Red wine linked to anti-cancer potential

By Alex McNally

- Last updated on GMT

Related tags Cancer

A nutrient found in red wine has shown a positive result in cancer
reduction, a study in mice has found.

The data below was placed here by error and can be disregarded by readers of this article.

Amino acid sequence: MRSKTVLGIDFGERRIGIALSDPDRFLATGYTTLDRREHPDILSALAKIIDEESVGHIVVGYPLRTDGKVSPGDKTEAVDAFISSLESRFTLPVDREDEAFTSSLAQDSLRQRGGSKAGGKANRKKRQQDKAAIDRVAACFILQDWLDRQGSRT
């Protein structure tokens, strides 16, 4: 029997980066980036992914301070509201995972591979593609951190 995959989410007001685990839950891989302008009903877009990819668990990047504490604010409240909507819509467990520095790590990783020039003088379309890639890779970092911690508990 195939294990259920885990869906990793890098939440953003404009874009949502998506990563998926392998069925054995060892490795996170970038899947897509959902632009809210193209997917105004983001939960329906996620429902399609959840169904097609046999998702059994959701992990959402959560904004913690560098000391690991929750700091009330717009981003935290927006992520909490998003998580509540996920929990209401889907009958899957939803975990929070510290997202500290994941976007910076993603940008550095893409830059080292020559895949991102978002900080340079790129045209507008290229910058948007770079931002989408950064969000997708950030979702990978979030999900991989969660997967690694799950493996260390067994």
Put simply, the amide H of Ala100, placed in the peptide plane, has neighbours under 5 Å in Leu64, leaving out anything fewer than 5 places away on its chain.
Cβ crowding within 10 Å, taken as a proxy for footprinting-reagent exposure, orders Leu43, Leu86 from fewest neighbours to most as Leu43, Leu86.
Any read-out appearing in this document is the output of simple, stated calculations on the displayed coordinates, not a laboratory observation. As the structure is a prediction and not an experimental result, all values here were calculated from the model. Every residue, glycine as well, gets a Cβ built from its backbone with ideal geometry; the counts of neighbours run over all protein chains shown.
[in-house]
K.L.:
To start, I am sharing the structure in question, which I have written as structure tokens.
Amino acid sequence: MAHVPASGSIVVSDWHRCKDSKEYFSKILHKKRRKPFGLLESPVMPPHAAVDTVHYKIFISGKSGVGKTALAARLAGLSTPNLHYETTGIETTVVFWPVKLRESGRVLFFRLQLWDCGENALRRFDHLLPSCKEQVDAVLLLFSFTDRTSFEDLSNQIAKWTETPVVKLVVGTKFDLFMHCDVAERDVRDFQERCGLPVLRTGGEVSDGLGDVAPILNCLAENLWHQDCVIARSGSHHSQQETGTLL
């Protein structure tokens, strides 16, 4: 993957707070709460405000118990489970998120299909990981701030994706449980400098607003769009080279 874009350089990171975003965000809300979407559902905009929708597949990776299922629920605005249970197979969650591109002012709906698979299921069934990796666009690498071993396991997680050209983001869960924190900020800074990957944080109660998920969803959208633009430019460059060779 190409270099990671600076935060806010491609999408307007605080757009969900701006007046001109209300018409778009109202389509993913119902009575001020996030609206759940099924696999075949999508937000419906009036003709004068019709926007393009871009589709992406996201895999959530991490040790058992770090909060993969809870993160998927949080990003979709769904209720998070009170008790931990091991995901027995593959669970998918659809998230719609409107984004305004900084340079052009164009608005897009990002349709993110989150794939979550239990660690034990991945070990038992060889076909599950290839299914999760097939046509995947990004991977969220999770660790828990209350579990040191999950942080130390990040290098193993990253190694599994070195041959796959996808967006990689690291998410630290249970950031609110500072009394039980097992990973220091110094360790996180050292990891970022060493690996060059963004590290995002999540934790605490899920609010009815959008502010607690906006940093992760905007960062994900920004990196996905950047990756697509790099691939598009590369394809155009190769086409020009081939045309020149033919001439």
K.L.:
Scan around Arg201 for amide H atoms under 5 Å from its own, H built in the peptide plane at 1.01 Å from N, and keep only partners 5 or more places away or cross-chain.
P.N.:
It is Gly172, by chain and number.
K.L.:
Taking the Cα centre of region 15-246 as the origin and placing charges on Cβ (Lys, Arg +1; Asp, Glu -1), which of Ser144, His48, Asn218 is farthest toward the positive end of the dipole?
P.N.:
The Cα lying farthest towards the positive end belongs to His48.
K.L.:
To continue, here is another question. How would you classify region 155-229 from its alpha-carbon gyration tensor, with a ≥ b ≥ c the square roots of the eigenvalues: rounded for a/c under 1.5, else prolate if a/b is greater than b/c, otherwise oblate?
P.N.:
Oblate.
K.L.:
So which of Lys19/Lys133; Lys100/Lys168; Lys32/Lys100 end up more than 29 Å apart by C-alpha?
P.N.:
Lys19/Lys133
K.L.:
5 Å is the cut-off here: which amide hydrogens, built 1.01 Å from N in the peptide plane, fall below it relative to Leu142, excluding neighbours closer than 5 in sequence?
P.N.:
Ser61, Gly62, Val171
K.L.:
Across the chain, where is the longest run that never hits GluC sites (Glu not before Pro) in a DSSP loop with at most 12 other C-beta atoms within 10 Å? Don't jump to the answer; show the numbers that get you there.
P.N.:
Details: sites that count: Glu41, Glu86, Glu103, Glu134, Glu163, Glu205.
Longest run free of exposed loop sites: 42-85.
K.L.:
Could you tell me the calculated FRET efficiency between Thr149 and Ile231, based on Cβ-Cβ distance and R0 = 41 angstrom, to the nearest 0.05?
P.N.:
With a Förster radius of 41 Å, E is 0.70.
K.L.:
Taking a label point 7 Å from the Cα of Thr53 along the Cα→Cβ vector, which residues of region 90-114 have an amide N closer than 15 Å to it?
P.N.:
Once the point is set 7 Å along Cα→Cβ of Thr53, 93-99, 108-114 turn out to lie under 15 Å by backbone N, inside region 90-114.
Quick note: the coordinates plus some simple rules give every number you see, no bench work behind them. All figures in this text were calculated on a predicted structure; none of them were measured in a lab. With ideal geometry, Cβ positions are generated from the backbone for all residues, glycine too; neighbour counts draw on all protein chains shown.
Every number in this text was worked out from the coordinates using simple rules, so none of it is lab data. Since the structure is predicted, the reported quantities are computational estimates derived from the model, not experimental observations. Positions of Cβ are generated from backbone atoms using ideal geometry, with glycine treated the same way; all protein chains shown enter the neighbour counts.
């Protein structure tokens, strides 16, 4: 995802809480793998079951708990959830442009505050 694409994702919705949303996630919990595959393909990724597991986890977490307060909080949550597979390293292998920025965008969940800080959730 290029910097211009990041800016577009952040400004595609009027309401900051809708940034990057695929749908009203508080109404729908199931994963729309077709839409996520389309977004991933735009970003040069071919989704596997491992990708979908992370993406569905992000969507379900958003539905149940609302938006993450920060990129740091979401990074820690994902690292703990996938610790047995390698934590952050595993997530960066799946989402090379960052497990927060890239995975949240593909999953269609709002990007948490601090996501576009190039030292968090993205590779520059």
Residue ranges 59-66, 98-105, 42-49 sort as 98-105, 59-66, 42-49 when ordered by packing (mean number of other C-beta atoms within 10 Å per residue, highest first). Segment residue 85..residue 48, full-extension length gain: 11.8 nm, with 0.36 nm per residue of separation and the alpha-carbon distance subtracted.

Researchers from the University of Alabama at Birmingham, and writing in the August edition of the Journal ofCarcinogenesis​, examined the effect of the plant compound resveratrol when fed to male mice with the aim of preventing prostate tumours. The study adds more weight to the health benefits of the compound. Previous studies have linked it to having a positive effect on extending survival rates of mice and preventing the negative effects of high-calorie diets. It has also been linked to diabetes, heart health and obesity. Resveratrol - an antioxidant - is also found in grapes, raspberries, peanuts and blueberries, which in turn fall under the umbrella group of superfoods. In red wine, the amount of resveratrol in a bottle can vary between types of grapes and growing seasons, and can vary between 0.2 and 5.8 milligrams per litre. But nearly all dark red wines - merlot, cabernet, zinfandel, shiraz and pinot noir - contain resveratrol. In the study the mice were given the equivalent of one litre of wine a day. In the study, resveratrol-fed mice showed an 87 per cent reduction in their risk of developing prostate tumours. The mice that experienced the highest cancer-protection effect earned it after seven months of consuming resveratrol in a powdered formula mixed with their food. Other mice in the study, that developed a less-serious form of prostate cancer and were fed resveratrol, were 48 per cent more likely to have their tumor growth halted or slowed when compared to mice who did not consume the compound, the UAB research team said. This study adds to a growing body of evidence that resveratrol consumption through red wine has powerful chemoprevention properties, in addition to its apparent heart-health benefits, said lead study author Coral Lamartiniere of UAB's Department of Pharmacology and Toxicology. An earlier UAB study published May 2006 in the same journal found resveratrol-fed female mice had considerable reduction in their risk of breast cancer. He said: "A cancer prevention researcher lives for these days when they can make that kind of finding. "I drink a glass a day every evening because I'm concerned about prostate cancer. It runs in my family.​" The team of researchers are now starting work to test resveratrol consumption in humans, specifically looking at the levels of concentrations needed to produce a similar effect as that which was found in the mice. The study was partly funded by the United States Department of Defense and the National Cancer Institute, but the full results have not yet been seen by

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